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The Evanstonian

The news site of Evanston Township High School's student newspaper

The Evanstonian

The news site of Evanston Township High School's student newspaper

The Evanstonian

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Evanston City Council approves Ryan Field renovation despite controversial rezoning debate

More+than+60+residents+voiced+their+opinion+during+the+public+comment+section+of+the+Nov.+20+meeting.
More than 60 residents voiced their opinion during the public comment section of the Nov. 20 meeting.

On Nov. 20, the Evanston City Council gathered to make a final decision on Northwestern University’s proposed stadium renovation. It’s been over a year since the Evanston-based school released their plans to rebuild Ryan Field, their football stadium, and since then the approval of the proposal has been the topic of much debate in Evanston.

There were three votes that took place at the meeting, the first being to approve the actual stadium renovation. That passed 6-2, so the council then moved on to two more ordinances. The first concerned the rezoning of the area surrounding the stadium, and the ability for Northwestern to host public-facing concerts at the rebuilt facility. The second ordinance concerned authorizing City Manager Luke Stowe to sign a letter of mutual understanding between the university and Evanston. Both ordinances resulted in a split vote, then requiring Mayor Daniel Biss to break the tie. In both situations, Biss voted in favor of Northwestern.

“The agreement with Northwestern is a historic level of direct financial support for the city, which is really a game changer,” said Biss, referring to Northwestern’s pledge to contribute $150 million to the city over a 15 year period.

The stadium’s renovation is due to be finished in 2027, which is when Northwestern will be allowed to host six large-scale concerts per year. A study, conducted by the City, projected $77.8 million in additional revenue for the city as a direct result of the concerts.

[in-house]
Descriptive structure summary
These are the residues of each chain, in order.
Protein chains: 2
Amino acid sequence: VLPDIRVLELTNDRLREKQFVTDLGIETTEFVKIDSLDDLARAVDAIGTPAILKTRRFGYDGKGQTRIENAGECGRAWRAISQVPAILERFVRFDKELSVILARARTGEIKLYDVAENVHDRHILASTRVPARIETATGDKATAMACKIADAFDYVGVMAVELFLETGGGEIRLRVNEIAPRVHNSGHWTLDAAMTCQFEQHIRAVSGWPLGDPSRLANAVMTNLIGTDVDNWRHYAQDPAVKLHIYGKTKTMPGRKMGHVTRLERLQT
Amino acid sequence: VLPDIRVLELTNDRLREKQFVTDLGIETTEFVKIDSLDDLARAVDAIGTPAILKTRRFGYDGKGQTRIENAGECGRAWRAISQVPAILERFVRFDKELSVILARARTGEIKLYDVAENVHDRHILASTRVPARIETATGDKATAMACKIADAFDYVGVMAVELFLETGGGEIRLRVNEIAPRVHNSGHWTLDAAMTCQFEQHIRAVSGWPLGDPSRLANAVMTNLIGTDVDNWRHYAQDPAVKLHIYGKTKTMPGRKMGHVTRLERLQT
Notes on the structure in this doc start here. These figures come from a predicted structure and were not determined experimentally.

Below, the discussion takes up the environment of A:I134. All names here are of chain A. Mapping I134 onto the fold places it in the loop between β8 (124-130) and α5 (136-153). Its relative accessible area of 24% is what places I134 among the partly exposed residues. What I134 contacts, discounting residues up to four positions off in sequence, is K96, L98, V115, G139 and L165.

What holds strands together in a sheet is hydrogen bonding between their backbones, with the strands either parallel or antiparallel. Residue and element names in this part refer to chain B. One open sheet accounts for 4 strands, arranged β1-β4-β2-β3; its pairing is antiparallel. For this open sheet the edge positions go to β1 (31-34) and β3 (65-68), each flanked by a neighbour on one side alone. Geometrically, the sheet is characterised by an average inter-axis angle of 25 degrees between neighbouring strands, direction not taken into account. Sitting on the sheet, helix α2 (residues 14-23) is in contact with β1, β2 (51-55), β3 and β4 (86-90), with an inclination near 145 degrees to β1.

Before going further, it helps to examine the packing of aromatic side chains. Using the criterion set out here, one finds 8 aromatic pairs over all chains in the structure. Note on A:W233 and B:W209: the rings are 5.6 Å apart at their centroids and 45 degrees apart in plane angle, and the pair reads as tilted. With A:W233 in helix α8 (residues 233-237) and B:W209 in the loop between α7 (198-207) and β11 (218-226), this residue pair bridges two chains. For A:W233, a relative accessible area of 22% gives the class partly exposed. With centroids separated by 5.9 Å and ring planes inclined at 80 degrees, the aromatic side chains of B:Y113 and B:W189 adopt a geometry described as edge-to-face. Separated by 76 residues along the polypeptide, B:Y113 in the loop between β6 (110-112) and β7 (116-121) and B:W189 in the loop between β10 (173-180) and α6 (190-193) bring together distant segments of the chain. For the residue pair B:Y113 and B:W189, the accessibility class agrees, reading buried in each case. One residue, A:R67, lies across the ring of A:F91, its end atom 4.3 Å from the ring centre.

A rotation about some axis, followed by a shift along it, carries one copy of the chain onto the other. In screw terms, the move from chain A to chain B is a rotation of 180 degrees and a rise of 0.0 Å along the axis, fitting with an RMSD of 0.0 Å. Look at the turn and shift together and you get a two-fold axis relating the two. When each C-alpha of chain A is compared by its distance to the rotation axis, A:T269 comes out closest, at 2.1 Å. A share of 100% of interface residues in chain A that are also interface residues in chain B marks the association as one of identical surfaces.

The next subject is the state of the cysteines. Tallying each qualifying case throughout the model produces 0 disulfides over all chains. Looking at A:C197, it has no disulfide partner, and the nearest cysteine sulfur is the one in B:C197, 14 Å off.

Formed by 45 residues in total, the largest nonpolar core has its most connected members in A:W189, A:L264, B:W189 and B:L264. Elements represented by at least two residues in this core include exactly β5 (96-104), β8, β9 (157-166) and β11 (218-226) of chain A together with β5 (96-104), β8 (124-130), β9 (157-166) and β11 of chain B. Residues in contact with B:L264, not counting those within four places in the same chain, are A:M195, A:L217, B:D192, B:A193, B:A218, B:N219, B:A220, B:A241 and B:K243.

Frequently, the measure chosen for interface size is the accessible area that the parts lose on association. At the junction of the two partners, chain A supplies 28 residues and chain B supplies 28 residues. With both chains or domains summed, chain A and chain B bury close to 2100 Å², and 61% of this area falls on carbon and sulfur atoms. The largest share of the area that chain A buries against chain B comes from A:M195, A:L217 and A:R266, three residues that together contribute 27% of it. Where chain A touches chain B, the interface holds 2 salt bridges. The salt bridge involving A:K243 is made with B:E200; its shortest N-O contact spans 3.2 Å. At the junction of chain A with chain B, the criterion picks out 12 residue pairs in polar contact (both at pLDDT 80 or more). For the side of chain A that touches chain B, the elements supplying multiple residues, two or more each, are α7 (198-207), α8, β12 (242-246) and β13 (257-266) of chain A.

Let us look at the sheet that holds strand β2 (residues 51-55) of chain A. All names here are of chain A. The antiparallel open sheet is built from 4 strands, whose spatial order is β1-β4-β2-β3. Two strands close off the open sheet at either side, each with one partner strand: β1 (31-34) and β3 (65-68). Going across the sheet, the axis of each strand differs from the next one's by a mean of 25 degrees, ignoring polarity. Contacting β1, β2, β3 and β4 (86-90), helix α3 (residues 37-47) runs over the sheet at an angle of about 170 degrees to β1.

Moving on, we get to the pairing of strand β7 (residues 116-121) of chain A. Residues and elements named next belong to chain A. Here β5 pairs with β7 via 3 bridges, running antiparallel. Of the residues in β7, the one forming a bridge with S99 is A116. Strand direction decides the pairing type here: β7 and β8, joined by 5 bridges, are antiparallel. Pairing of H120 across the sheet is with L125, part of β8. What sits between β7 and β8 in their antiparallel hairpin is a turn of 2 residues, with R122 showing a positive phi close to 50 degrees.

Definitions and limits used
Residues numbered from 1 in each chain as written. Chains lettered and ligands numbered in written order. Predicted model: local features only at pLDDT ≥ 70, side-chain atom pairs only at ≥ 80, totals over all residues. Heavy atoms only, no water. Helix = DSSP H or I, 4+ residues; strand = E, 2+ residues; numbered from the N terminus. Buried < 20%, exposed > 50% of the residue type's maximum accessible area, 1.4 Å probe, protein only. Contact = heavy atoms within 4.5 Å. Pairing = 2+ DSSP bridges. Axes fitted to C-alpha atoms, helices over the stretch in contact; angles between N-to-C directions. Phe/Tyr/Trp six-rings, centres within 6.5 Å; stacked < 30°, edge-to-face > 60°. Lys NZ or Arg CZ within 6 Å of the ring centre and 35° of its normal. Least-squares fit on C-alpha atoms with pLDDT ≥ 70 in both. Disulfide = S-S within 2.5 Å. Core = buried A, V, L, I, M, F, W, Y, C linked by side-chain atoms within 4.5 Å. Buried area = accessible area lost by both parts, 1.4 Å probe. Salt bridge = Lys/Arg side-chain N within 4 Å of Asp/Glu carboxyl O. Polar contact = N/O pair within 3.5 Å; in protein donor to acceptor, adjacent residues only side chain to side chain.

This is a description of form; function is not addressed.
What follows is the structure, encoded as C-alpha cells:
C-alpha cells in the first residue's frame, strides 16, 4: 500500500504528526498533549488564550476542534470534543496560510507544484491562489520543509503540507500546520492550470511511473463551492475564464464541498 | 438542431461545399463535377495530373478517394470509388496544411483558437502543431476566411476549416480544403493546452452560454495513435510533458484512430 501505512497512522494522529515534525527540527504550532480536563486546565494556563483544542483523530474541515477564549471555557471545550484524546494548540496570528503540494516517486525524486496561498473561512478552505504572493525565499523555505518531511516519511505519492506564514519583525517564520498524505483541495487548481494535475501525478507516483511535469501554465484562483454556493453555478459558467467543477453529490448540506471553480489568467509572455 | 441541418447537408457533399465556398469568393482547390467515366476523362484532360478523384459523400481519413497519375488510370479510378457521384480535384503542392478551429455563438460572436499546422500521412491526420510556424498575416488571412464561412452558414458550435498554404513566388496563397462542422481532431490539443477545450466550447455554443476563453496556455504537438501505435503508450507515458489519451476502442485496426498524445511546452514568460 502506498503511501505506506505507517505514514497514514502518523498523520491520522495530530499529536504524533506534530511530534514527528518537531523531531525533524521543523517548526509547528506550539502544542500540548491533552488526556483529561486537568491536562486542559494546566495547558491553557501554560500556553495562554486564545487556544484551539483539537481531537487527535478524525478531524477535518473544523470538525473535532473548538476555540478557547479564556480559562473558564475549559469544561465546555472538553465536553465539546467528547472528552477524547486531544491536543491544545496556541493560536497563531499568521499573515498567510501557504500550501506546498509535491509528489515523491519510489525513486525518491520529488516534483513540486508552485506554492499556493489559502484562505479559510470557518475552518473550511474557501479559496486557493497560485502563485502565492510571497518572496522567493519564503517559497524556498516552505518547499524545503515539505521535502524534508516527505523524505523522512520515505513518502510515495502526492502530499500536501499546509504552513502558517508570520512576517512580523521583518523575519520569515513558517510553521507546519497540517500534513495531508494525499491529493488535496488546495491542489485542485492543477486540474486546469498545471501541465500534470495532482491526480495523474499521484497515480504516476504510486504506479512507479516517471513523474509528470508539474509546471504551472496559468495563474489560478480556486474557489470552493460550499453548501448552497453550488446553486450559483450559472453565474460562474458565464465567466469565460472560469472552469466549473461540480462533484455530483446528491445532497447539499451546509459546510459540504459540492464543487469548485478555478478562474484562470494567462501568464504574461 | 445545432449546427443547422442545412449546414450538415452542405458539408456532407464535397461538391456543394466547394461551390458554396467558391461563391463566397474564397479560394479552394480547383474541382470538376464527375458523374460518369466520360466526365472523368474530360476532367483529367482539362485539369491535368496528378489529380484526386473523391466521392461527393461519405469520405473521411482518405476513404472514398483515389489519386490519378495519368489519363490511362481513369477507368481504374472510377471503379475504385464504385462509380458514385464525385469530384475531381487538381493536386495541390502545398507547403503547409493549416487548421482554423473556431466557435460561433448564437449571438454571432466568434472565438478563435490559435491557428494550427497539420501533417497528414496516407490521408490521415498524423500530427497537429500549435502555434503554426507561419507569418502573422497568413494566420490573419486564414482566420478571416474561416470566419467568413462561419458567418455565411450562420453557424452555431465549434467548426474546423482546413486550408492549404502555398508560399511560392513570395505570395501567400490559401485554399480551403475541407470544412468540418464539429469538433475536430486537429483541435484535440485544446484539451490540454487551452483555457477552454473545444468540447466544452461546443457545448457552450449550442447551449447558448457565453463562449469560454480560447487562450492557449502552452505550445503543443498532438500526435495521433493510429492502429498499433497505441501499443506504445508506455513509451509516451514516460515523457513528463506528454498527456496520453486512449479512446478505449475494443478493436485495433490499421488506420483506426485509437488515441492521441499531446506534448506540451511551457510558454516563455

“Towns of this size don’t see investments of this size and significance very often. That’s a big deal,” said Biss.

Many Evanston residents were unhappy with the rezoning aspect of the arrangement.

“[The Council] has been ignoring and manipulating rules and laws,” said a Seventh Ward resident.

Citizens who opposed the proposal have been protesting the build for months, filling the seats in Council meetings and having upwards of 60 people speak during the final public comment opportunity. Speakers who were in favor of the stadium were booed off the podium at their turn, turning the environment of the council room somewhat hostile.

“We talk about overwhelming yeses and nos, but what I’m disappointed in is that the yeses are afraid,” said Second Ward councilmember Krissie Harris, five hours into the meeting. “They have been bullied.”

In the end, however, those who disagreed with renovation were outweighed by council members who saw the potential economic benefit for the city.

“We’re still in a time of dramatic economic change for places like Evanston. Our pre-pandemic retail economy was reliant on a large daily population of office workers, and like all other business districts in that situation, we have not fully recovered,” wrote Biss is a lengthy email that was sent to all Evanston residents the morning after the decision.

He closed the meeting with words of encouragement and consolation for people on both sides of the now-resolved debate.

“We have to be willing as a community to embrace change,” said Biss. “Change is uncomfortable and change is difficult, and as we work through the difficult process of determining what changes are good and appropriate for a community, I think it’s really important for us to treat each other with the assumption that we are asking the same question, which is ‘What’s best for Evanston?’ knowing that we might get different answers and that that is actually a healthy and positive part of democracy.”

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